Earlier this year, Mark Austin, the vice president of data science at AT&T, noticed that some of the company's developers had started using the ChatGPT chatbot at work. When the developers got stuck, they asked ChatGPT to explain, fix or hone their code.
It seemed to be a game-changer, Mr. Austin said. But since ChatGPT is a publicly available tool, he wondered if it was secure for businesses to use.
So in January, AT&T tried a product from Microsoft called Azure OpenAI Services that lets businesses build their own A.I.-powered chatbots. AT&T used it to create a proprietary A.I. assistant, Ask AT&T, which helps its developers automate their coding process. AT&T's customer service representatives also began using the chatbot to help summarize their calls, among other tasks.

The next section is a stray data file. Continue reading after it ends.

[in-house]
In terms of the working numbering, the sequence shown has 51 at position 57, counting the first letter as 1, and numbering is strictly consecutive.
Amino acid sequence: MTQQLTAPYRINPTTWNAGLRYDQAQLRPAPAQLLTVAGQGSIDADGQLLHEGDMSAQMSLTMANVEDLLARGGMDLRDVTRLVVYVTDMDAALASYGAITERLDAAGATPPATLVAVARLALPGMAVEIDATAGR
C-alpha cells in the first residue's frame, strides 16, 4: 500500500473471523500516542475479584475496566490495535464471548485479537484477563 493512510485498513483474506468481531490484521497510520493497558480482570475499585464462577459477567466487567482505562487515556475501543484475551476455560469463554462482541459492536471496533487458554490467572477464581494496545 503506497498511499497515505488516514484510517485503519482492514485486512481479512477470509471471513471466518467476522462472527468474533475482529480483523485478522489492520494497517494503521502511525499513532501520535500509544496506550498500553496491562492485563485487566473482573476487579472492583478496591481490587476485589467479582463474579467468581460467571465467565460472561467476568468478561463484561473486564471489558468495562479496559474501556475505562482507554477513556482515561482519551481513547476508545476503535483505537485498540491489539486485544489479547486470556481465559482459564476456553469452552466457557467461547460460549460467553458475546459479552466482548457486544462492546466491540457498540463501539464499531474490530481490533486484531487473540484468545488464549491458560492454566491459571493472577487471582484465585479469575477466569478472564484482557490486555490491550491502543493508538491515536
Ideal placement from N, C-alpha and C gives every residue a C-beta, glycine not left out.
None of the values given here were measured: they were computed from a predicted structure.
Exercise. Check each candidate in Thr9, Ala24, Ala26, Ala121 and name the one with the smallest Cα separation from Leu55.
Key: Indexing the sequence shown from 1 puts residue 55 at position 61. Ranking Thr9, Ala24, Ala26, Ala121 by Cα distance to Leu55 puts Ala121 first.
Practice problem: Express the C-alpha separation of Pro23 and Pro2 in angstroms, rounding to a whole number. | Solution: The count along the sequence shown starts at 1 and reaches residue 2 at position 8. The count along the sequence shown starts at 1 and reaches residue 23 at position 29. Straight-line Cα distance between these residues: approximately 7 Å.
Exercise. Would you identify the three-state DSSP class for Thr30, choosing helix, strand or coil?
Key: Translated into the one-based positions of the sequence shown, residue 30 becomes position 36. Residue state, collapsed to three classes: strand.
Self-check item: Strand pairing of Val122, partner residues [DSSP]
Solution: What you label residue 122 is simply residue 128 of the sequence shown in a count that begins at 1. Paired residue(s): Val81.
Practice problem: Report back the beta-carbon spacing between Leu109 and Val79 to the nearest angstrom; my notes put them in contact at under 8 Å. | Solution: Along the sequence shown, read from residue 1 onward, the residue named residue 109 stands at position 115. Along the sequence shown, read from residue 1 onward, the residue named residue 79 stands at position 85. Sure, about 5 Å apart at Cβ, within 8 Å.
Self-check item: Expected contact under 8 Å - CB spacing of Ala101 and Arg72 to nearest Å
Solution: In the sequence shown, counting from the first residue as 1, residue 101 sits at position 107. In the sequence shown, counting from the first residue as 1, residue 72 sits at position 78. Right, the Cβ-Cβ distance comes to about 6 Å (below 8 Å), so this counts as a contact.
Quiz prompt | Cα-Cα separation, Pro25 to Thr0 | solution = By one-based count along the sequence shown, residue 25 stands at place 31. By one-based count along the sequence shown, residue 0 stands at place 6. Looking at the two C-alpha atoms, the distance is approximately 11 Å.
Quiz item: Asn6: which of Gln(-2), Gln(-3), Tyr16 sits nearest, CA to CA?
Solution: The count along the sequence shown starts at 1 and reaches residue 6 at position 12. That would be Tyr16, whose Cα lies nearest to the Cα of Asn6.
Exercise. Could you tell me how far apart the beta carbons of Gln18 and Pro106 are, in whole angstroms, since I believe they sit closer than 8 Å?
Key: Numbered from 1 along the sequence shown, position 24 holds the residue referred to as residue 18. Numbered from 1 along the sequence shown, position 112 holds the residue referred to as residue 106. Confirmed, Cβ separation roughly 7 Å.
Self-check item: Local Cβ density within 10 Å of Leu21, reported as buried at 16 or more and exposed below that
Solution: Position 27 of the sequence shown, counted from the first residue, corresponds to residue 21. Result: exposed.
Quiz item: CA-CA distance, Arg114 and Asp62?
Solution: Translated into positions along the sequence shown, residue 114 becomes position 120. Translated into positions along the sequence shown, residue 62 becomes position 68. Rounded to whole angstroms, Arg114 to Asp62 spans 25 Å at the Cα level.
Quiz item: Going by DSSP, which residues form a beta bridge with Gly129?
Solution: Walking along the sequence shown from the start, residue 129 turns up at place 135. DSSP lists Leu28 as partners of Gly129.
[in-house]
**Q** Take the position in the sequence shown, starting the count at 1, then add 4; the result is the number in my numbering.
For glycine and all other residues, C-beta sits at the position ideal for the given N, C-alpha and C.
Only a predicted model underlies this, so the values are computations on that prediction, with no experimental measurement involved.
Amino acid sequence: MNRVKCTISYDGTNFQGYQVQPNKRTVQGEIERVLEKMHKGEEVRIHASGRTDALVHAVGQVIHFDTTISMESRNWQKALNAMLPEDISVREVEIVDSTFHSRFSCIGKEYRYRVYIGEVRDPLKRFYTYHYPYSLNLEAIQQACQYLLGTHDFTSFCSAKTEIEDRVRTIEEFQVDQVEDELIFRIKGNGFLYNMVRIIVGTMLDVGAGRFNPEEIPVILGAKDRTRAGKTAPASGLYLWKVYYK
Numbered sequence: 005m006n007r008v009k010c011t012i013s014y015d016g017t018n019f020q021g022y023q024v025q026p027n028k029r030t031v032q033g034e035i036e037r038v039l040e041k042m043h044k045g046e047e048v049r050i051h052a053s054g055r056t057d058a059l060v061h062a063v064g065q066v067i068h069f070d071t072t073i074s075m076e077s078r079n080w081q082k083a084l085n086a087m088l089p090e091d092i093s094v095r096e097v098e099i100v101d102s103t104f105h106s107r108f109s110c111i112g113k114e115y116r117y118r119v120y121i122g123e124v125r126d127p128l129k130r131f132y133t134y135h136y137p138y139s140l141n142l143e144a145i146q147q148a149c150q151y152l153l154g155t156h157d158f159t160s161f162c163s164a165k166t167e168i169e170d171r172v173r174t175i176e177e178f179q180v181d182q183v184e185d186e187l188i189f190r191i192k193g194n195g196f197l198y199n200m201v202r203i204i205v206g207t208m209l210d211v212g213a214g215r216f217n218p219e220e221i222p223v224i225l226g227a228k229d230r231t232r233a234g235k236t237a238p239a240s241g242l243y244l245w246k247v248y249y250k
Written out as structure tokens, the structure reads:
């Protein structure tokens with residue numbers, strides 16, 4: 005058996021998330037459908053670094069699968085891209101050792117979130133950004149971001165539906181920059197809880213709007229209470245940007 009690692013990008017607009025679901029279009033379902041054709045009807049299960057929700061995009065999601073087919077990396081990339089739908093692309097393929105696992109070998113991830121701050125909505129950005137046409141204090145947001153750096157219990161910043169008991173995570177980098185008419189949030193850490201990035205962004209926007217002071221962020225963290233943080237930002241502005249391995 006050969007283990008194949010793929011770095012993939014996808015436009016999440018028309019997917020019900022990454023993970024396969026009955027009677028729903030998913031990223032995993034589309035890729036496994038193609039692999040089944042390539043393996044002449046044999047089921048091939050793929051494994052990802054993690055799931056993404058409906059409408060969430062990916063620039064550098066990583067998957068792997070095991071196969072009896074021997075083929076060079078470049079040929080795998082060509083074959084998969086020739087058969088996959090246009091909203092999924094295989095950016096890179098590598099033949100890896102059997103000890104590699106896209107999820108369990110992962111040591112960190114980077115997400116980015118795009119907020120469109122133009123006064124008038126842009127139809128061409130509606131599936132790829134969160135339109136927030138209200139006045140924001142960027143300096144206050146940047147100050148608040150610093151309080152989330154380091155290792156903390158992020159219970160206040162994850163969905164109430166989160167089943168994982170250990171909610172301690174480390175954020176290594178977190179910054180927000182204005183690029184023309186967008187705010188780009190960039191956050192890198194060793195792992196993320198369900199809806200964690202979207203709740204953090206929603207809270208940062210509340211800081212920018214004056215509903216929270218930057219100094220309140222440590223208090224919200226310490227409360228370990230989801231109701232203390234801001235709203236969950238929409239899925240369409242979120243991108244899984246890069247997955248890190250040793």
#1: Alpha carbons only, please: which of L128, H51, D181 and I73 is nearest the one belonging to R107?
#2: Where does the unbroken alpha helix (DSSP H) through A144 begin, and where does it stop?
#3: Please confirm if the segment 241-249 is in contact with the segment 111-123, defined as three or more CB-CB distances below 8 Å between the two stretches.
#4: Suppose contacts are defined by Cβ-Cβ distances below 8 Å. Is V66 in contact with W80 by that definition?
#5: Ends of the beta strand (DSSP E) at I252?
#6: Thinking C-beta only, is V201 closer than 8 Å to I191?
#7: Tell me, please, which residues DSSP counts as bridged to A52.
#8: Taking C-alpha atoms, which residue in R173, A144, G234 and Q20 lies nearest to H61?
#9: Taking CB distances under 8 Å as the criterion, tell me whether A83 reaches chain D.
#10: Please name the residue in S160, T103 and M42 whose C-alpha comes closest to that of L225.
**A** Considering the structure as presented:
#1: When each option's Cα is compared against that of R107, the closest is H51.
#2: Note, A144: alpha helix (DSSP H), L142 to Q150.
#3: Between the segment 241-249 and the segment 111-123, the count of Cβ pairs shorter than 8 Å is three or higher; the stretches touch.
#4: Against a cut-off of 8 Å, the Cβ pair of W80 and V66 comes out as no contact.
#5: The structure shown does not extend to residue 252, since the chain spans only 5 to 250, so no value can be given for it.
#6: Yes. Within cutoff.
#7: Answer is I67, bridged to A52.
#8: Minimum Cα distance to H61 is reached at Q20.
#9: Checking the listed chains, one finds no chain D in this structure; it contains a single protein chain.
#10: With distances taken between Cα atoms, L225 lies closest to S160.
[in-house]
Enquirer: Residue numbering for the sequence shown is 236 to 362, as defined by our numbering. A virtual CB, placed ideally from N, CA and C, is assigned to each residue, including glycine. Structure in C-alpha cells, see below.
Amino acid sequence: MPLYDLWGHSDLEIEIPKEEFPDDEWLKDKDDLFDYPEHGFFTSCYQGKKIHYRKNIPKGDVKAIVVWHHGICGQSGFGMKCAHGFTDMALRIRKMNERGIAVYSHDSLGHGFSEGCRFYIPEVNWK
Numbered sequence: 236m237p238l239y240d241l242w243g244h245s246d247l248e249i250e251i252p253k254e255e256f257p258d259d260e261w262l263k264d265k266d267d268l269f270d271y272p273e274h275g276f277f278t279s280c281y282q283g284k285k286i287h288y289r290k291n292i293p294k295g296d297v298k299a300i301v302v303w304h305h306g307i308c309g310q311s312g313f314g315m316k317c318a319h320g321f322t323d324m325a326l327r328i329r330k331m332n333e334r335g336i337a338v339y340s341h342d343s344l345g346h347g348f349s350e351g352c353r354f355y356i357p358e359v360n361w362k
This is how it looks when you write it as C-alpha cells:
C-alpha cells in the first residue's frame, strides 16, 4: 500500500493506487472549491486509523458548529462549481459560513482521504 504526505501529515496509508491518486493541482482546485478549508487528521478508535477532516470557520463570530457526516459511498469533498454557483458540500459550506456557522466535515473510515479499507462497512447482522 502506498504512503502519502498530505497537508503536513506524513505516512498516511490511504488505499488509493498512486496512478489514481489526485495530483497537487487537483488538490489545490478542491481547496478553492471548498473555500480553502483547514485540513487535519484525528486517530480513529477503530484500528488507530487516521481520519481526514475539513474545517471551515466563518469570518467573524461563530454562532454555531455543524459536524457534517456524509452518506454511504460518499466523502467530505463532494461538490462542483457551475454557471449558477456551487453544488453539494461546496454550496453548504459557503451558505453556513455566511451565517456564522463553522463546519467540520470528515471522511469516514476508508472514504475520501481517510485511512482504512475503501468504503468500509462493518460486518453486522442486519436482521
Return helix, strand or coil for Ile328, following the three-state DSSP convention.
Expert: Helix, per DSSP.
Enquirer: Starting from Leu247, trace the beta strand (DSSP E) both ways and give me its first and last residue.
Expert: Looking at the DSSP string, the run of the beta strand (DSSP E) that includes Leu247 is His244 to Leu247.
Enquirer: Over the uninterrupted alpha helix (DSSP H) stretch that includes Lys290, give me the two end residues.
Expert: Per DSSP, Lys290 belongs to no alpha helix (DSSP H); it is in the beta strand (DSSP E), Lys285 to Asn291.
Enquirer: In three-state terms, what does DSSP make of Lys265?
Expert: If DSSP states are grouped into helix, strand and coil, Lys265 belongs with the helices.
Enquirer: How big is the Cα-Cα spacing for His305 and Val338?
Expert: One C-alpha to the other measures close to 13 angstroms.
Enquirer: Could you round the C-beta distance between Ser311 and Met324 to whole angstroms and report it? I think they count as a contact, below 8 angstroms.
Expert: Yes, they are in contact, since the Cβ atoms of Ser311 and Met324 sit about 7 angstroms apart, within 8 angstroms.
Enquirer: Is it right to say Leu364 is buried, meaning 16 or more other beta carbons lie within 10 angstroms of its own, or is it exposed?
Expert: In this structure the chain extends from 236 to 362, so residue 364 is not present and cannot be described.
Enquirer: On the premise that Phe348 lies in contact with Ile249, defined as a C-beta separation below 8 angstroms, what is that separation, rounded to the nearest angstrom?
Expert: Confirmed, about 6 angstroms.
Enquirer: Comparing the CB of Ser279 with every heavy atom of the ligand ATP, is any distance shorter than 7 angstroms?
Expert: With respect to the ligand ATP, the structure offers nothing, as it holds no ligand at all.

"Once they realize what it can do, they love it," Mr. Austin said. Forms that once took hours to complete needed only two minutes with Ask AT&T so employees could focus on more complicated tasks, he said, and developers who used the chatbot increased their productivity by 20 to 50 percent.From The New York Times
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